You clench your jaw, tightly ball your fists, shut your eyes and try to drown out the pain and internal screaming. You mutter: "Stop. Please stop. I'll do anything...just...stop."

Suddenly the shriek begins to quieten. Curiously you open your eyes and look up to see a pair of feet standing in front of you. They're a dull shade of crimson, with neatly rounded toenails and delicately shaped ankles.

As your eyes travel up you see a boy with a red face standing in front of you with a pair of defiant eyes burning back into yours. It fills you with fear and anticipation: how did he get behind the walls?

Before you can say anything, he silently extends his arm, pulls you up and hoists you up to your feet - almost as if to save you.

Anger. It has always been there; you just never realised it.

Anger didn't turn around and say: "I don't want you because you're a girl. I never wanted you."

Anger became your best friend, your cheerleader, your guide in the dark, your motivator and your protector.

It wrapped you in its fiery arms when the pain intensified. It comforted you as you cried yourself to sleep every night for years and held your hand as you stepped out of the house feeling frightened, self-conscious and unwanted. It dried your eyes, touched your chin and said: "You can do this, stand up and fight back" when the pain came back in waves of anguish.

It worked. It powered you through dark times. It drove you, focused you and made you strong. You fearlessly strode through the mist of your mind, you shouted down the internal shrieks of pain and braved the world as you both walked hand-in-hand. No one hurt you. No one made you feel helpless, small and worthless.

But then it all went wrong. So horribly wrong. It started when you felt a child-like sense of joy. It blossomed and bloomed in your heart; like a rose. It removed the burns of Anger and said: "You can leave this behind and start to really live. Let me show you."

You took a leap of faith and suddenly you felt like you were flying without the stinging undercurrent that you were so used to. You were soaring in the sky, so high and among the clouds. The air smelled fresher, the internal shrieks began to quieten and the chill in your chest receded.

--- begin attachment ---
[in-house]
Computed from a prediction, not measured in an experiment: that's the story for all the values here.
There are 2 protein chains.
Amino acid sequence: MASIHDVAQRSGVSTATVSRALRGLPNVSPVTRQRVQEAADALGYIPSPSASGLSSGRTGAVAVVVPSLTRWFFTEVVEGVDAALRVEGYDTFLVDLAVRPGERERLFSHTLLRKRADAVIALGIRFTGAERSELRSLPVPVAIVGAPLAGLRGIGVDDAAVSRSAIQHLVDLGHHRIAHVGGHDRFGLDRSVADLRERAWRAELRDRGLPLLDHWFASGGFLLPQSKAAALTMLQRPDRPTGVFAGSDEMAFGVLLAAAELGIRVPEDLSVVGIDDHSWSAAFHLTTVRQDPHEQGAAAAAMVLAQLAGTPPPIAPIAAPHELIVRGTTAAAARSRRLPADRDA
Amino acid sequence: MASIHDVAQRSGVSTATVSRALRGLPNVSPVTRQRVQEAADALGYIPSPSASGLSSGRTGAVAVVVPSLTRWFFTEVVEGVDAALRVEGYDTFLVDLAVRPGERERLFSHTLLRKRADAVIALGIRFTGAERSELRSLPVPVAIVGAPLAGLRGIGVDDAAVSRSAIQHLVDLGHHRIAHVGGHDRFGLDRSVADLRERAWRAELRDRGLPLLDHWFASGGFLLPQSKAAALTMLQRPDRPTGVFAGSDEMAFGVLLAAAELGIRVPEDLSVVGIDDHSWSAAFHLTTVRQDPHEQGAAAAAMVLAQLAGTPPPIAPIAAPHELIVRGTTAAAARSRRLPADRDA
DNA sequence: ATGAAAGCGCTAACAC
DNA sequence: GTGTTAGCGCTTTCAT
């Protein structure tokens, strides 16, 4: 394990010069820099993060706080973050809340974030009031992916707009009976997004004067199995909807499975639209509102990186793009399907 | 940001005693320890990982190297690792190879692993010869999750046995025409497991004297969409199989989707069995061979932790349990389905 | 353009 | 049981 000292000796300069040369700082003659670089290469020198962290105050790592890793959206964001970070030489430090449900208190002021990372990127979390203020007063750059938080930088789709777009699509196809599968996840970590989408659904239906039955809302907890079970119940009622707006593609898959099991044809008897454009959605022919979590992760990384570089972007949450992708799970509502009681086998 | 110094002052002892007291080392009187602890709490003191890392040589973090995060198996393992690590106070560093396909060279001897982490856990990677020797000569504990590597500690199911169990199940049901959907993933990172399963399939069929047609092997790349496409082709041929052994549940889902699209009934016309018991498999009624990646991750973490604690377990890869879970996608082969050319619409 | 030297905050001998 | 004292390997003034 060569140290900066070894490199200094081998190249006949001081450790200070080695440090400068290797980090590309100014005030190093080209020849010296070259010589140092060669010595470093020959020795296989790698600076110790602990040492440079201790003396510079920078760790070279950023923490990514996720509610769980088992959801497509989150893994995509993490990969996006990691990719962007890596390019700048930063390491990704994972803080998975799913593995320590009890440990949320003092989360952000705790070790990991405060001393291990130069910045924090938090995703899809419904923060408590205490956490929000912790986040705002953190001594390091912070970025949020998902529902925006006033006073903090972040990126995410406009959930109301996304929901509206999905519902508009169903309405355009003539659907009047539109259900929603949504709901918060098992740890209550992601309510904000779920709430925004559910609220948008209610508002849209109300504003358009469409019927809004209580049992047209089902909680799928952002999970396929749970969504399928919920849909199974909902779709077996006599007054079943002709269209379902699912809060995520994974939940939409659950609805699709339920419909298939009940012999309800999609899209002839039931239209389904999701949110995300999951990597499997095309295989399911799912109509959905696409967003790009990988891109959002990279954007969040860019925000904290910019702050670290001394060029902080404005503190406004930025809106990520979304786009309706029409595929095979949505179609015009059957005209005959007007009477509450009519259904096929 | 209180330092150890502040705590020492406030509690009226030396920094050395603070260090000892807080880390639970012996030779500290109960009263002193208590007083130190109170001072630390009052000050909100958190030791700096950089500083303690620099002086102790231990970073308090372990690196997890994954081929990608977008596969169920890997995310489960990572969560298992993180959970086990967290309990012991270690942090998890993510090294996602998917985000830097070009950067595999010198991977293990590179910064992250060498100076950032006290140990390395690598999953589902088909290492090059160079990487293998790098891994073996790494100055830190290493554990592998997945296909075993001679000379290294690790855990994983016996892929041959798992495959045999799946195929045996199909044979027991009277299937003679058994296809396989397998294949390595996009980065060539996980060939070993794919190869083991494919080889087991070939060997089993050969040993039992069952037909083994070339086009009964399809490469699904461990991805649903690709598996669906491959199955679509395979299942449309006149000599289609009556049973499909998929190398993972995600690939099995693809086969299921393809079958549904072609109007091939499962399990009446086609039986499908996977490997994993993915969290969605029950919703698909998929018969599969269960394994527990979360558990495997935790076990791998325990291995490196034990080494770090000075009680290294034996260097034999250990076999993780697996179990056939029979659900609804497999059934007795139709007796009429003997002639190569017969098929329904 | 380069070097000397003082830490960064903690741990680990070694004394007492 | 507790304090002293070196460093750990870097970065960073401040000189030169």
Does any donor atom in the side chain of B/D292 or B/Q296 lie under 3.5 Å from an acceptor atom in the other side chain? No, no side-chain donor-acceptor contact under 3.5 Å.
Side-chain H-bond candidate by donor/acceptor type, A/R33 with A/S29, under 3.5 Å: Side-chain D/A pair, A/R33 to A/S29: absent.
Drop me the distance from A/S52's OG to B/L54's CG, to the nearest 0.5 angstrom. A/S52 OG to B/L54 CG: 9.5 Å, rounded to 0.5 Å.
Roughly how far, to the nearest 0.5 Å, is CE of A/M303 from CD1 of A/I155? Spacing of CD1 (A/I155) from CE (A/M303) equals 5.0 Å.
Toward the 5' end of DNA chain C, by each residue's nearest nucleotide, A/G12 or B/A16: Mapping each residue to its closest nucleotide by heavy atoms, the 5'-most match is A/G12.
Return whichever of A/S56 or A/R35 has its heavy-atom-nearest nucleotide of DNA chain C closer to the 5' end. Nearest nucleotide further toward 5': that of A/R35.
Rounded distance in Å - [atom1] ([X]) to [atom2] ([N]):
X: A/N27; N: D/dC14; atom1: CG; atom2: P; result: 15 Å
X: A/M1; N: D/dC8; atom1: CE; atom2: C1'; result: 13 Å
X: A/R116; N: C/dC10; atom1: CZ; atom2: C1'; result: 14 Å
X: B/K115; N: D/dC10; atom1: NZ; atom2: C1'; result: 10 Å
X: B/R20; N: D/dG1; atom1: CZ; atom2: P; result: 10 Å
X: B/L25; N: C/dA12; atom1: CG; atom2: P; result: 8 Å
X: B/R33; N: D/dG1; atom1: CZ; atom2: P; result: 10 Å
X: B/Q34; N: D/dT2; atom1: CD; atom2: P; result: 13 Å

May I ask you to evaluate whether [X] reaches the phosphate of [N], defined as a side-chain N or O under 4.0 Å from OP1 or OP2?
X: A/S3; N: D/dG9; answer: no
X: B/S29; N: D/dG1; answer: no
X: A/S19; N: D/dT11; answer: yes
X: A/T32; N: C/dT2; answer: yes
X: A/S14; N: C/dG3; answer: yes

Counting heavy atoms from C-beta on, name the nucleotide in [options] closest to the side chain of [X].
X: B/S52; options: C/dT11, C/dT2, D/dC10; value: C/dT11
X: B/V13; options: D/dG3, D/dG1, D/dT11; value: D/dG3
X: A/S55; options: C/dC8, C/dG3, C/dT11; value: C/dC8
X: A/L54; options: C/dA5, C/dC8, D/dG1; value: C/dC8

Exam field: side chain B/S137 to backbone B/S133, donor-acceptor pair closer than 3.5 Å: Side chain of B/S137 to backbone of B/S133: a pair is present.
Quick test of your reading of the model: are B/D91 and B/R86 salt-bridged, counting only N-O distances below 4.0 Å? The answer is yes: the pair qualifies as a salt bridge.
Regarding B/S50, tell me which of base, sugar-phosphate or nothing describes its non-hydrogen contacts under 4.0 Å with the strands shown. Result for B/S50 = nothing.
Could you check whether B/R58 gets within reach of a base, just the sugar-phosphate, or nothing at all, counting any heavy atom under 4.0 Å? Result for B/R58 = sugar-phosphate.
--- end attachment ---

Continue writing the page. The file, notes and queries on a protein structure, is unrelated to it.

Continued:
Anger may have been your best friend and an ally, but it came on its own terms, as you started to fly and leave him behind.

You felt it as Anger realised this and retaliated: "How dare you do this to me? After all I've done for you, you do to me what she did to you? You're just like her - your mother. You are no different. I will make you pay for this."

And it did. Little by little, it began to break you down in the same way it built you up. Suddenly you feel empty; just like before but a thousand times worse. It's like an arm has gone missing; you look around trying to find your best friend but see nothing.

Even the soft, velvety petals of hope dried up, withered, fell and left you as the chill returned. The internal cries came back, but less ferocious and with less anguish - now it just sounds like a child pining for comfort.

You function on auto-pilot just to get through the day: "One more hour. Ok: another hour to go. Just get through to lunchtime" you tell yourself as you wake up, get dressed, shove breakfast down your throat and numbly walk out of the house to start another day.

It gradually lessens; the emptiness subsides, the quiet moans settle down and a small bud of satin begins to appear in your heart.

But Anger realised what was going on and pummelled you with its tiny red fists: "Don't leave me! I'm sorry! I promise I won't hurt you anymore, I'm sorry I hurt you. I didn't want to lose you that's all - please don't leave me!"

You look at your best friend's tear stained face, downcast eyes and swollen cheeks. The once withered rose bud suddenly opens as you take him in your arms and hold him close to your chest.

You gently caress his curly hair and say: "I won't ever leave you. I never will; you are a part of me and we are bound together. But you're not me; you are only a part of me."

Popular in the Community